Intuitively, natural gradient is not the gradient with respect to model parameters; rather, it is the gradient on the manifold of probabilistic models. As opposed to the traditional gradient which considers how perturbations of the model parameters affect the loss function, natural gradient considers how the loss function changes when the probabilistic model moves a little bit on the manifold of our model family. Because the model family does not change with respect to parameterizations, the natural gradient will also remain the same. This means that the form of the natural gradient will transform appropriately between parameterizations, automatically ensuring that the natural gradient under two different parameterizations correspond to the same “gradient entity” on the manifold.

Mathematically, suppose the loss function is \(L(p_\theta(x,y))\), we can write the natural gradient as

\[\widetilde{\nabla}_\theta L(p_\theta(x,y)) := \mathbf{F}^{-1}_\theta \nabla_\theta L(p_\theta(x, y)),\]

where \(\mathbf{F}_\theta\) is the Fisher information matrix for \(p_\theta(x, y)\), i.e.,

\[[\mathbf{F}_\theta]_{i,j} := \mathbb{E}_{p_\theta(x, y)} \left[\left( \frac{\partial}{\partial \theta_i} \log p_\theta(x,y)\right) \left( \frac{\partial}{\partial \theta_j} \log p_\theta(x,y) \right) \right],\]

and we use a tilde mark (~) to differentiate the notation of natural gradient from that of ordinary gradient.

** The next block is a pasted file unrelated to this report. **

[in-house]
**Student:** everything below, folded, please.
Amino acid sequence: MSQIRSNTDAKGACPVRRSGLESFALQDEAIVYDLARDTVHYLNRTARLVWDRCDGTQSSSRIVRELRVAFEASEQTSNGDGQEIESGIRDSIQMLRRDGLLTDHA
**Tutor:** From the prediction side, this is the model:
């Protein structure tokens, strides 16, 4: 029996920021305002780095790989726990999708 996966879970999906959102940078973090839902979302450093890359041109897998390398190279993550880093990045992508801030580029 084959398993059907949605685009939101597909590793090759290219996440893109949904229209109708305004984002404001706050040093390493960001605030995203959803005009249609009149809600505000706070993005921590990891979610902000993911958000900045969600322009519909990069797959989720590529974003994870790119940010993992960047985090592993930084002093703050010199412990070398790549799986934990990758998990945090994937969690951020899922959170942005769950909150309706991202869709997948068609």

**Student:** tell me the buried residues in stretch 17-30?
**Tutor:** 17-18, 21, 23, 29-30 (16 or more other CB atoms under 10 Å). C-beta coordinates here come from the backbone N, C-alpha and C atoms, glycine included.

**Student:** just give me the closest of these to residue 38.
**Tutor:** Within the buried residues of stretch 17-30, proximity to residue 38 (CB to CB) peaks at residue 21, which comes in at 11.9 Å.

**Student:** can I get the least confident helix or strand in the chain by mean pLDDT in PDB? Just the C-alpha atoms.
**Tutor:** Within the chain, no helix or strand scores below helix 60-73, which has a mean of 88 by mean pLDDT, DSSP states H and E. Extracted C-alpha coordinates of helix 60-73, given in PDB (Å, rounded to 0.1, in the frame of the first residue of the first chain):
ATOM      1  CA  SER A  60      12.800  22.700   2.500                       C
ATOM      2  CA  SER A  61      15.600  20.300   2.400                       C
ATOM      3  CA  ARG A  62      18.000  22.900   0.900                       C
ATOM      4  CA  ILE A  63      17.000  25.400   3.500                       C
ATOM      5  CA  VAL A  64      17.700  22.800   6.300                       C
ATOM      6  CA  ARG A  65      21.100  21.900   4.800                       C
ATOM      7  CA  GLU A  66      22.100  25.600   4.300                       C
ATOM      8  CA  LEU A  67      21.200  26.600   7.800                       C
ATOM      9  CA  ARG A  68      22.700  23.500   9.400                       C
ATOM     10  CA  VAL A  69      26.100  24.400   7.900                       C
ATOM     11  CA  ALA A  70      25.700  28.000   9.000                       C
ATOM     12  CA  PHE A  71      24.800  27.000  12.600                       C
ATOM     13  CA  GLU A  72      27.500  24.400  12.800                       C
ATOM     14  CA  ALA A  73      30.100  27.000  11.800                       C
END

As a sanity check, let’s see how natural gradient eliminates the non-invariance of gradient descent for our linear regression example. For different parameterizations of Gaussian conditional distributions, the derivatives of the log densities are respectively

\[\begin{aligned} \frac{\partial}{\partial \theta} \log p_\theta(x,y) &= \frac{(y-\theta x- b) x}{\sigma^2}\\ \frac{\partial}{\partial \mu} \log p_\mu(x,y) &= \frac{2(y - 2\mu x -b) x}{\sigma^2}\\ \end{aligned}\]

Therefore, suppose \(\theta_t = 2\mu_t = a\), we have \(\frac{\partial}{\partial \mu} \log p_\mu(x,y) \vert_{\mu=\mu_t} = 2 \frac{\partial}{\partial \theta} \log p_\theta(x,y)\vert_{\theta=\theta_t}\) and therefore \(\mathbf{F}_{\mu=\mu_t} = 4\mathbf{F}_{\theta=\theta_t}\). From our previous analysis on gradient descent, we already know that \(\nabla_\mu L(p_\mu(x, y))\vert_{\mu=\mu_t} = 2 \nabla_\theta L(p_\theta(x, y))\vert_{\theta_t=a}\). As a result, the natural gradient scales as

\[\widetilde{\nabla}_\mu L(p_\mu(x,y))\vert_{\mu=\mu_t} = \frac{1}{2}\widetilde{\nabla}_\theta L(p_\theta(x,y))\vert_{\theta=\theta_t},\]

which indicates invariance of the optimization step:

\[\begin{aligned} \theta_{t+1} &= \theta_{t} - \alpha \widetilde{\nabla}_{\theta_t} L(p_{\theta_t}(x,y))\\ &= 2 \mu_t - 2 \alpha \widetilde{\nabla}_{\mu_t} L(p_{\mu_t}(x,y))\\ &= 2\mu_{t+1}. \end{aligned}\]

More generally, consider an ordinary differential equation (ODE) that describes how the parameter \(\theta\) should change as a function of \(t\), following the natural gradient smoothly: